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I am interested in Japanese culture and the symbolism used in Japan, specifically I'd like to know what the △ triangle, ◯ circle, ╳ cross and ◻ square mean to a Japanese person.

How are those shapes interpreted and do they vary depending on there being filled or not?

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  • ○ まる
    • OK; correct; yes; supported; available (like ; note that the check mark usually means "wrong" in Japanese examinations)
    • masked/censored character (like * in English used to mask characters in certain words; see this)
    • rival horse; second likely to win (horse race; favorite horse is marked with )
    • win; victory; 白星 (when used as opposed to 黒星 = = lose)
  • × ばつ、ぺけ、ばってん
    • NG; wrong; no; unsupported; unavailable
    • masked/censored character (mainly for sexual reasons)
    • multiplication (math)
    • lose (game)
    • dead; extinct; obsolete (word, species, person; like in English)
    • used to denote romantic relationships, especially in yaoi fandom (like "slash" / in English)
    • finished (calendar, event)
  • △ さんかく
    • partially OK; partially supported; nearly sold out; between ○ and ×
    • second move; 後手 (in shogi, when used as opposed to = first move; sometimes inverted ())
    • negative value/earnings (finance, when positive values are marked with nothing)
    • money gain; increase (stock market, when used as opposed to = loss)
    • dark horse; third likely to win (horse race)
  • □ しかく
    • unavailable character; glyph missing (see: 豆腐 and geta symbol)
    • full-width space (as opposed to the dot used to denote half-width (ascii) spaces)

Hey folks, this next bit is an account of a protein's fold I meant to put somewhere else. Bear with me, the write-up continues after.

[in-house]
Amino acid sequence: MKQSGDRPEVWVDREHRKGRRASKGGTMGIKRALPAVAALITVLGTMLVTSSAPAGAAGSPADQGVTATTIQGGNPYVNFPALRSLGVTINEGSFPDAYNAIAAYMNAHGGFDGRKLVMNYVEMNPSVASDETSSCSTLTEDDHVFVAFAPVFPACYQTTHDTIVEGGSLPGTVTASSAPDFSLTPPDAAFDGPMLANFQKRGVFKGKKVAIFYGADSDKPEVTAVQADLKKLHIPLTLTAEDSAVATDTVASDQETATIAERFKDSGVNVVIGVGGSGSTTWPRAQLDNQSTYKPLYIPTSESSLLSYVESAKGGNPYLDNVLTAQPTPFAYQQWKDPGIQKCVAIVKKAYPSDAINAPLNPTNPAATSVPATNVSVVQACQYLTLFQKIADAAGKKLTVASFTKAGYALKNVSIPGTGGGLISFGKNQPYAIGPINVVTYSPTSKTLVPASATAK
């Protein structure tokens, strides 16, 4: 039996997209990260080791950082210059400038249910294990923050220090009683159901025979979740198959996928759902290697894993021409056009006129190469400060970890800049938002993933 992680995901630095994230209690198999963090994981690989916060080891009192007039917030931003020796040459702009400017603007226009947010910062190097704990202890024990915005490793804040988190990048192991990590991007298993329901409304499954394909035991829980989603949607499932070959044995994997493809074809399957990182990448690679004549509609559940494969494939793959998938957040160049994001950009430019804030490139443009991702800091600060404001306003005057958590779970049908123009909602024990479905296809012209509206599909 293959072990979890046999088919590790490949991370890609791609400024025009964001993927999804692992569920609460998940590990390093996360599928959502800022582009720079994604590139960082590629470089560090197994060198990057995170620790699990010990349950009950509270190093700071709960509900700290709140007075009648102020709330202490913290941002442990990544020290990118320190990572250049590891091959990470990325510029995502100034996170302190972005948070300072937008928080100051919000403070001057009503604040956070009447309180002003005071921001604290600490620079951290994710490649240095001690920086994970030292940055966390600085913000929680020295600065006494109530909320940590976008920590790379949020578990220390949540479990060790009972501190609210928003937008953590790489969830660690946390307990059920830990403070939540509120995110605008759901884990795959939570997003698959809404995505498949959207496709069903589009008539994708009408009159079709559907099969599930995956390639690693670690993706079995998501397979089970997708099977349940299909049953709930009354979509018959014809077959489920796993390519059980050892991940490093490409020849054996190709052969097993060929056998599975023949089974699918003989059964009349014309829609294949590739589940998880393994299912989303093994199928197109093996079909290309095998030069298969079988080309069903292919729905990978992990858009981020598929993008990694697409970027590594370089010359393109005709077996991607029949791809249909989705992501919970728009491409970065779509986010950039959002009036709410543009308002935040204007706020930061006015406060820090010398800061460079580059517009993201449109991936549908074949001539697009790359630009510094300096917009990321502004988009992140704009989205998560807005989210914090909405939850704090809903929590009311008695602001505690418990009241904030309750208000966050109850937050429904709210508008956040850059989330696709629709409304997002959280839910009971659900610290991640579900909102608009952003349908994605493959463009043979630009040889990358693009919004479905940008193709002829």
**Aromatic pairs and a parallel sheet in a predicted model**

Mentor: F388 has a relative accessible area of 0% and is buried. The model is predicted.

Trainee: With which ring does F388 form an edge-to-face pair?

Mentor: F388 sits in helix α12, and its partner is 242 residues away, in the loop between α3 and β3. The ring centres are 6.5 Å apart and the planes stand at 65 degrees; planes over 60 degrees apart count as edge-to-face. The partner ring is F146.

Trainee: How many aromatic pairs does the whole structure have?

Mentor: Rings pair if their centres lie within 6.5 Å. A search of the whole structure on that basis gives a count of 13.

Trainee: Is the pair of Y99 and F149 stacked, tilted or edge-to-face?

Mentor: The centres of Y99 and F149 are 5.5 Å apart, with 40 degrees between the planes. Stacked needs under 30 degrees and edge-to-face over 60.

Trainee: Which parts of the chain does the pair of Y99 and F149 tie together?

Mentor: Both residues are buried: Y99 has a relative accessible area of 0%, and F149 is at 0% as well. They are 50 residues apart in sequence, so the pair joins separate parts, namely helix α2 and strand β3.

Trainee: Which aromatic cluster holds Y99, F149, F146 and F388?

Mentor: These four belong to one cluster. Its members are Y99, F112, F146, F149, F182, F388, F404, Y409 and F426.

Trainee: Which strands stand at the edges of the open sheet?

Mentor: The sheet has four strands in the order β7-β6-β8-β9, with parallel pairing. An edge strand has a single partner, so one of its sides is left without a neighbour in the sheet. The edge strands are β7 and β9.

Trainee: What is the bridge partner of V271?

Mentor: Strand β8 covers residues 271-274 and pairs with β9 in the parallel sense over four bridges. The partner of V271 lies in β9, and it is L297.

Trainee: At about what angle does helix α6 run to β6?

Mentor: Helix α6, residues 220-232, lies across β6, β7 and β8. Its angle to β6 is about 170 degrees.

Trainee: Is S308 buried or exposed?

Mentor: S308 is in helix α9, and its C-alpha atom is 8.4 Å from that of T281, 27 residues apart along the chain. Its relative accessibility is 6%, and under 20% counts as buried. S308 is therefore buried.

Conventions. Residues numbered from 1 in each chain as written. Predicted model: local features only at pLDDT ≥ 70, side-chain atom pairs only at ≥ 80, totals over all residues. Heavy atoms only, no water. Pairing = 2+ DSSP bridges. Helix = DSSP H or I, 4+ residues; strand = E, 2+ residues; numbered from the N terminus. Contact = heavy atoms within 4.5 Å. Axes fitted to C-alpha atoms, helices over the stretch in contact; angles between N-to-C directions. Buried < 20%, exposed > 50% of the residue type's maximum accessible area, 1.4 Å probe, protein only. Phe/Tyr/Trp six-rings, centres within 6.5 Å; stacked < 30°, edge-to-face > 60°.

And these symbols can be used as the casual placeholder for other arbitrary words/characters. (See this)

As you can see, depending on the context, filled symbols often mean the opposite things to the unfilled ones.

  • × is used before the name of a dead person? Isn't that kind of harsh? – Avery Aug 23 '16 at 2:30
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    @Avery Such use is mostly limited to (semi-)academic contexts, I think. For both historical and technical reasons, the dagger sign has never been popular nor widely available in Japanese documents. – naruto Aug 25 '16 at 4:06
  • × × can also be read as チョメチョメ: zokugo-dict.com/17ti/cyomecyome.htm – Igor Skochinsky Jun 1 '18 at 7:48
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◯ (まる) symbolizes “O.K., Right," Perfect," while X(ばつ)symbolizes "No," "Incorrect," and "Wrong."

The test method that requires the testees to answers in Yes (○) / No (X) format in school examinations and the written examination of driver’s license is called ”まるばつ式テスト.”

I don’t know if ◻ square and △triangle have any specific implications as a sign like ◯ and X have, except the cases of the signs being often used for the index to be placed ahead of the bullet-type sentences, like:

■Fewer people are on welfare

■But the government didn't save money

■Most families in poverty don't receive welfare.

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